We ask TIAA’s Justin (‘Biff’) Ourso about where the $889 billion manager is focusing geographically, why it’s walked away from some Australia deals and how it approaches risk in emerging markets.
Where are you looking to build your portfolio?
We are seeking to give [clients] geographic crop diversification across markets. Our dominant strategy is a buy-and-lease model meant to generate a consistent return profile over time. We opportunistically invest in permanent, broad-acre or row-crop farming where we take risk through custom farming that moves us up the risk return spectrum.
We are thinking about investments in a 20 to 30-year context and manage around $8 billion in farmland assets including commitments.
The US forms the dominant portion, [more than 50 percent], with more than half of assets dedicated [there], our next-largest target regions being Brazil and Australia respectively. We are also looking to diversify into markets in broader South America like Chile, as well as New Zealand, and Central and Eastern Europe.
Where are you seeing the highest returns?
The US row-crop market is one where it has been a period of softer rents and land values reported. That is creating the potential for new investment, but we are finding more opportunity today internationally.
We have the highest return expectations in the markets where we see the highest risk to compensate for that, and think Brazil continues to offer the highest prospect from a total returns standpoint, driven largely by capital growth expectations.
From a productive capacity, value and currency standpoint it is also an interesting time to be looking at Australia. From our investment experience in Australia going back eight years or so, our buy-and-lease model has worked very well. It has cultivated a number of long-term relationships with a number of local farmers and that has provided stability in what can be a volatile production environment.
What are you looking at in Australia?
The crop types that we target in Australia tend to be commodities that are not growing in other areas of our portfolio, for example wheat. In the US, wheat is primarily grown in anti-corporate states where we don’t invest so we get wheat exposure as an investor in Australia.
Other primary crops would be cotton, particularly on the irrigated land in northern, eastern and southern Australia, and then canola [rapeseed] and barley.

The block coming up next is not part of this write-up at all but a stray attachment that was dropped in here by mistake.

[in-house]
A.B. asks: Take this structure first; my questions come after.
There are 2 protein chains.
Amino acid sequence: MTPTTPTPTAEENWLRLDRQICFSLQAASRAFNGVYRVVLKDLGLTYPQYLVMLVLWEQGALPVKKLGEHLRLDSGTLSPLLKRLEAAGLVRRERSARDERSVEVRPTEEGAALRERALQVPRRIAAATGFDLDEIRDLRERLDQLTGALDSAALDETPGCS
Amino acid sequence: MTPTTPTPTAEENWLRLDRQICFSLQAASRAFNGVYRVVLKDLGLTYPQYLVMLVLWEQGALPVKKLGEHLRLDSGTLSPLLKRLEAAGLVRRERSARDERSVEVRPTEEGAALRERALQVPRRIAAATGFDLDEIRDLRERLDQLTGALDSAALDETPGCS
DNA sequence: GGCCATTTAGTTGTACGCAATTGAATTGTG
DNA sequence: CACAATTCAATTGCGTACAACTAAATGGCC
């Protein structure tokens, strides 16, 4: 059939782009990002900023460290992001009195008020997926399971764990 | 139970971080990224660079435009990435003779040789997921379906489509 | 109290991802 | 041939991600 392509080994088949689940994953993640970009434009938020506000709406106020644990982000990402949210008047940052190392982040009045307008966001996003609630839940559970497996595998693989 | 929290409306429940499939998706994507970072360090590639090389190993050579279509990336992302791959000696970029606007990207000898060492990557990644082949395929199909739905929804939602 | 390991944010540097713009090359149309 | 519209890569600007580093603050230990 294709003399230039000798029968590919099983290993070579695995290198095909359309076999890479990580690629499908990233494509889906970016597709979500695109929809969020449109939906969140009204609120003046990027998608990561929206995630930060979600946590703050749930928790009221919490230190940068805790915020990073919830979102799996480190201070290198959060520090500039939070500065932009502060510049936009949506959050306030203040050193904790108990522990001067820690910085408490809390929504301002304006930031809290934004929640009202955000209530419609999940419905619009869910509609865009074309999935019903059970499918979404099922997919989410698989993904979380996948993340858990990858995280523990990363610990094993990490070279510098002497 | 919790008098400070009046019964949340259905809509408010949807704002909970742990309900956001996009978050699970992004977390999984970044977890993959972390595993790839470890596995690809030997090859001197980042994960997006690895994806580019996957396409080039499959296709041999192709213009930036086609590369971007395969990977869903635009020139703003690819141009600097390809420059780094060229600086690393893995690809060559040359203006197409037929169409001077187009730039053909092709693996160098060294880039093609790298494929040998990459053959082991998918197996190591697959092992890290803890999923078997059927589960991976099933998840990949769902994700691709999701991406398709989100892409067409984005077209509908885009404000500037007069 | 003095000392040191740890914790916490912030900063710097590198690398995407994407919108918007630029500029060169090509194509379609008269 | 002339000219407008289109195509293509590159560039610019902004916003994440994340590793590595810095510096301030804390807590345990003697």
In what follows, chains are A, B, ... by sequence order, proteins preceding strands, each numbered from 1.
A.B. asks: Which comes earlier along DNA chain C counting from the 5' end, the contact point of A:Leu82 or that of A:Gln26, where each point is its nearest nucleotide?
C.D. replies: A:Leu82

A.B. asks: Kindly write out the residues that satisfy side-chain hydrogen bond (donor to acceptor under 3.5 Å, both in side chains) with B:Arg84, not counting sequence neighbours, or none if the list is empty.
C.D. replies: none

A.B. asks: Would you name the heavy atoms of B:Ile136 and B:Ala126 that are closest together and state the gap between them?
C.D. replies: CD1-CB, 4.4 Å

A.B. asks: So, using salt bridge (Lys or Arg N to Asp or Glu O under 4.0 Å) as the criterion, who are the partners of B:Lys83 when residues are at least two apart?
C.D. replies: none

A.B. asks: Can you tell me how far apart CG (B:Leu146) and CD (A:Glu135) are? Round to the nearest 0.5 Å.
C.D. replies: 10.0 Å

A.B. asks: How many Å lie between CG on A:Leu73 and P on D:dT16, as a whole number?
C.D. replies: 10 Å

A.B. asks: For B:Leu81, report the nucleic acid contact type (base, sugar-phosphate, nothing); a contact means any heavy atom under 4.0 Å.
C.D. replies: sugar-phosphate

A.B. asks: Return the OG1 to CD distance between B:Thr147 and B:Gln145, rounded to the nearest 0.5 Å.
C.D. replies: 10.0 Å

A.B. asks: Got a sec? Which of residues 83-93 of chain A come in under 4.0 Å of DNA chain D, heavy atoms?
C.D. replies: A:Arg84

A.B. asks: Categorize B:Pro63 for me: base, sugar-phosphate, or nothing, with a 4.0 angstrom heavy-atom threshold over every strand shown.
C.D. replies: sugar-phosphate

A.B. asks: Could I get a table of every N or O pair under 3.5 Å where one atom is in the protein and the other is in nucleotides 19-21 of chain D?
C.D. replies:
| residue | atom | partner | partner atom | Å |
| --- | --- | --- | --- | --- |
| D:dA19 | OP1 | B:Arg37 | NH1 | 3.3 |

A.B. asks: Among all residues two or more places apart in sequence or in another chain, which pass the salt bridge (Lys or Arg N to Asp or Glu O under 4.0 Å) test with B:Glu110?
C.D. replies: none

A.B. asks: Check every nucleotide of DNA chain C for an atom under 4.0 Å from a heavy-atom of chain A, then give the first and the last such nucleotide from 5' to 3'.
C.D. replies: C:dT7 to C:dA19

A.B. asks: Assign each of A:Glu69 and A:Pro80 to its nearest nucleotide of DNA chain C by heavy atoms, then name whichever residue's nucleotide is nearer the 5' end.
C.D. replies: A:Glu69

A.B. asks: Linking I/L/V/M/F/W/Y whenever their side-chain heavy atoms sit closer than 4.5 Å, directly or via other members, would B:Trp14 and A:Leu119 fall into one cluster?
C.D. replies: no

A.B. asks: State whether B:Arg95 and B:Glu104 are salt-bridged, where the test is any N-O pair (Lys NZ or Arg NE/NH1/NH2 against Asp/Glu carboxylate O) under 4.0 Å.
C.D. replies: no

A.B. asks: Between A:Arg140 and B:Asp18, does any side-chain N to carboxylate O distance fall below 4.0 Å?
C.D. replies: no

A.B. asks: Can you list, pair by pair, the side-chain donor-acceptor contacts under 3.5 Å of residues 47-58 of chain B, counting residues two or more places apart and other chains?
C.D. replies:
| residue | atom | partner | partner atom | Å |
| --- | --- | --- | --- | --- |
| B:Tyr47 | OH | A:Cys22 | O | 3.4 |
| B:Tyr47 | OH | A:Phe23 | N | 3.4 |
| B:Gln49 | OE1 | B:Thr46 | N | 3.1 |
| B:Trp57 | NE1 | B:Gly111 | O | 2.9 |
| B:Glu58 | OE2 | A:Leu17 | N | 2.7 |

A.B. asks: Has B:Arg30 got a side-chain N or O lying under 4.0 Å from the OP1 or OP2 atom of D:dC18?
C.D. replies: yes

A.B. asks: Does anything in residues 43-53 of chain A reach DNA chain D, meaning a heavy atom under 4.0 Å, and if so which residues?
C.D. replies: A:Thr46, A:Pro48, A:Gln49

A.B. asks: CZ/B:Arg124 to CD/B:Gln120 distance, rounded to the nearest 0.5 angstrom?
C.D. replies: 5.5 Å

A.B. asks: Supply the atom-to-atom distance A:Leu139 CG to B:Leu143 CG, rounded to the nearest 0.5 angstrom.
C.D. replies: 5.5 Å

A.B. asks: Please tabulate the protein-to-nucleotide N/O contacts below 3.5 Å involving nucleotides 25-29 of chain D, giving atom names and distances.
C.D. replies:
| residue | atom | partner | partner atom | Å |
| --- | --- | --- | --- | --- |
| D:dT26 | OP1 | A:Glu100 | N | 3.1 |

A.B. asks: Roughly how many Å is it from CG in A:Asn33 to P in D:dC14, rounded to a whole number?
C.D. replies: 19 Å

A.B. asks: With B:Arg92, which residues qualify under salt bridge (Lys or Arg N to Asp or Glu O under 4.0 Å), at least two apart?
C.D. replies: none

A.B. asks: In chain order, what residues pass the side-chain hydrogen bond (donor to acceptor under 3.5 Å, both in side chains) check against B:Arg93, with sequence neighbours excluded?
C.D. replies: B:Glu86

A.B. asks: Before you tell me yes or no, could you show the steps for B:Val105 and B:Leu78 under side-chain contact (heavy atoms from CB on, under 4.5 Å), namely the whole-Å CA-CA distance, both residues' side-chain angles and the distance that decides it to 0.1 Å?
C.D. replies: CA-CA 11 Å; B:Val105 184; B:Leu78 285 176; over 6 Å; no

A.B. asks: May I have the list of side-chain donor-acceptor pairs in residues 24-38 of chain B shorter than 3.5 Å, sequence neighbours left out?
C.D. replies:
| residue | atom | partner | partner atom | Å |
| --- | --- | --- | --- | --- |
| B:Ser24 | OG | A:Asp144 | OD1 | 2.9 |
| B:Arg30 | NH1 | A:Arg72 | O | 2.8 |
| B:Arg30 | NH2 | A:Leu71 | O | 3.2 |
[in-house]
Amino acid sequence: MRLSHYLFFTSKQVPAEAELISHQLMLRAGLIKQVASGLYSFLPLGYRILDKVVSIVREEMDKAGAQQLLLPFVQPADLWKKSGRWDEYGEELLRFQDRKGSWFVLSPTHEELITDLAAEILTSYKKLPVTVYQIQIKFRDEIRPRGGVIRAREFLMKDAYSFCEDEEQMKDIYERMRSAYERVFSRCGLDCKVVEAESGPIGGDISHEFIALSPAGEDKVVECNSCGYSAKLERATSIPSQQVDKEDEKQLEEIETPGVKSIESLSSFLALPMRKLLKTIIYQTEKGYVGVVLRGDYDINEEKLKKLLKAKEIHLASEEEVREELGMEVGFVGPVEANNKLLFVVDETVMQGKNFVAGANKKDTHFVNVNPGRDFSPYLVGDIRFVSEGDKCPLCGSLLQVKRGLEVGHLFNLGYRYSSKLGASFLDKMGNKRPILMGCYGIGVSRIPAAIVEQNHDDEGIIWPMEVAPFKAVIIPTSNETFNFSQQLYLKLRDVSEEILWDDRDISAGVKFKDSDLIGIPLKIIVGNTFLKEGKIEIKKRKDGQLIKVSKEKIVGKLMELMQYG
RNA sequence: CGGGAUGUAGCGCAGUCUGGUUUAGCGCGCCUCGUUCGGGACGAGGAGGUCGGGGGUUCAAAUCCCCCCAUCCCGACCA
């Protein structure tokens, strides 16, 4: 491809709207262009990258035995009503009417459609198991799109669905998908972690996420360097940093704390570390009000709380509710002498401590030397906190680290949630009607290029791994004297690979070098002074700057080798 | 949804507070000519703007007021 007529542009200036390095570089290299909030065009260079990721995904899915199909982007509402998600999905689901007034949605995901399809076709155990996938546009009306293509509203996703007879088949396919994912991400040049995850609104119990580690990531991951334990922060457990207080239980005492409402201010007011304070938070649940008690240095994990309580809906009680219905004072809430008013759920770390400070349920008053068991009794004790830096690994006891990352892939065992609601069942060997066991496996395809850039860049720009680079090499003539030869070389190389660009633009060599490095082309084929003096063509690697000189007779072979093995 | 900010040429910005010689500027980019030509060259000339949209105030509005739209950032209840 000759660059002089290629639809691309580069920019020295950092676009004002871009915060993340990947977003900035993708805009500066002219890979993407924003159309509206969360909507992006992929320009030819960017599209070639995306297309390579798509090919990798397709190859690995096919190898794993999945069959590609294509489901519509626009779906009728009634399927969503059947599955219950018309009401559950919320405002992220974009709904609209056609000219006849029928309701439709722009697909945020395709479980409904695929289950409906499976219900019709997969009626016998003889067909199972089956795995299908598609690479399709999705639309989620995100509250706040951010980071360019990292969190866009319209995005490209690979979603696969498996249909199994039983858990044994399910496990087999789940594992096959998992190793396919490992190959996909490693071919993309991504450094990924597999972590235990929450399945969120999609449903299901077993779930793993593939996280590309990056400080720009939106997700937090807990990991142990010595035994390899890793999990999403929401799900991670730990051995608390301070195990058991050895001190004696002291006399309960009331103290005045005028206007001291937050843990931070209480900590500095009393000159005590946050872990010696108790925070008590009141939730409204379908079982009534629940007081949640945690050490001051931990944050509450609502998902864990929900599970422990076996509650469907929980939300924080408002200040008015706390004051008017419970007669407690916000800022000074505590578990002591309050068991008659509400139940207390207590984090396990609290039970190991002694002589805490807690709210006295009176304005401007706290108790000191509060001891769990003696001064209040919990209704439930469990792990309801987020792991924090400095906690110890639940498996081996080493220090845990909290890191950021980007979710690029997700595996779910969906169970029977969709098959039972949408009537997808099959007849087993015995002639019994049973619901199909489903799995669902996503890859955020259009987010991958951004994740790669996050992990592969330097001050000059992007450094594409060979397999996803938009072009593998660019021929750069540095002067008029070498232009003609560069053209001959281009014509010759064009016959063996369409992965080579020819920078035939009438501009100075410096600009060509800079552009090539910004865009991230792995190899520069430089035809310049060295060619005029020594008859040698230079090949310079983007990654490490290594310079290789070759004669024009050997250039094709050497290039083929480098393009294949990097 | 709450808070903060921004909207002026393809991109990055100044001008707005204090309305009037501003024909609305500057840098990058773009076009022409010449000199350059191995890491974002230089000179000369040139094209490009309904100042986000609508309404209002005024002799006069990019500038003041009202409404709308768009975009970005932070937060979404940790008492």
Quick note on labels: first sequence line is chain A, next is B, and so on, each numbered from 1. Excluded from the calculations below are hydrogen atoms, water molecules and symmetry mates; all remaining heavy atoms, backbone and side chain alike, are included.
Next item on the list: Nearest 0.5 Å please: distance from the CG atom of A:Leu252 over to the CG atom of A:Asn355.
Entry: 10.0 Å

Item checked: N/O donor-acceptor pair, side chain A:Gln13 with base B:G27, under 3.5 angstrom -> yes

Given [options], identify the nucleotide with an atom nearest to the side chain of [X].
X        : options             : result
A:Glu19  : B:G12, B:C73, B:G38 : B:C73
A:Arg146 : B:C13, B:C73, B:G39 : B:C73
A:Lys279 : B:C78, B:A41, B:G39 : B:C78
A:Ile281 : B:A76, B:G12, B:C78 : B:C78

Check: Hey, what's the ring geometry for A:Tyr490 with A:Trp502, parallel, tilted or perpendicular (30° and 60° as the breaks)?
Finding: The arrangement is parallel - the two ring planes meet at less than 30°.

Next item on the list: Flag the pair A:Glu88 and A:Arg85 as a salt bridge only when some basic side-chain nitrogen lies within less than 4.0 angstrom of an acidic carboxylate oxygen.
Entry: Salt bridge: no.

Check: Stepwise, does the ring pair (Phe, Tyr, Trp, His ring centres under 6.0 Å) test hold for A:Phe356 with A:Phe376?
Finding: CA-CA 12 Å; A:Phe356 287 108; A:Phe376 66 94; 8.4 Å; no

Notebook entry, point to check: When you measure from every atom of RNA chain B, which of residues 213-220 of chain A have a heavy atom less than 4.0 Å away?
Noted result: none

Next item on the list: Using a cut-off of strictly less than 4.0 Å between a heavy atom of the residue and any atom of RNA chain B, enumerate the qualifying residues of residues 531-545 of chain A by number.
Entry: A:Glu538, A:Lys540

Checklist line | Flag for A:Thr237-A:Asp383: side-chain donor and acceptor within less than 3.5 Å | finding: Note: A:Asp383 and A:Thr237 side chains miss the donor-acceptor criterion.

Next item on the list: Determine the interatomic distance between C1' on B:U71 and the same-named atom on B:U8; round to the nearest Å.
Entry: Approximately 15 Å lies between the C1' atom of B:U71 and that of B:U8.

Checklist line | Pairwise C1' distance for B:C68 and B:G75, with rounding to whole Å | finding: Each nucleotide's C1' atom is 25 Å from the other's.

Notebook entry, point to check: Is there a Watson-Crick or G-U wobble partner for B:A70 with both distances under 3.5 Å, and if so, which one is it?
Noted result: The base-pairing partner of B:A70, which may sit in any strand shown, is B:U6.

Over the last 12-24 months there has been a lot of interest in Australia from Australian farmers and domestic and international investors which has supported strong land markets, so to a certain extent we have had to walk away from transactions as we have found values exceed our underwriting criteria. In particular, there have been a number of dry land farming opportunities where we have seen increased investor interest.
What investment structure trends do you see in the market?
As [farmland] relates to traditional private equity it is illiquid, but there is an active secondaries market. When you think about agriculture and farmland as an emerging asset class and evolving vehicle structure, I think it is logical to look at other parallels that came before, whether it is real estate, timber, or other more traditional private equity classes. As this asset class matures, the ability to trade in vehicle interests will be there.
I don’t believe, given the relative immaturity of the asset class, that it is fully there today, but over time it is logical to think the industry would develop in such a manner.
How do you approach risk in South America?
When you think about South America or any emerging market the importance of local knowledge and access can’t be underestimated. Our approach is very much predicated on having a local team or partner to analyse, understand and mitigate specific risks.
The second nuance is where the buy-and-lease model works well. You are enabling a local farmer or company who understands that market. We can add value by being a capital provider.
Across markets, we have asked what we can do to enhance operations on an asset, sometimes building modest grain storage facilities, improving the drainage, minimising soil erosion, improving irrigation, that drive productive value increases for the tenant and underlying land value increases for us.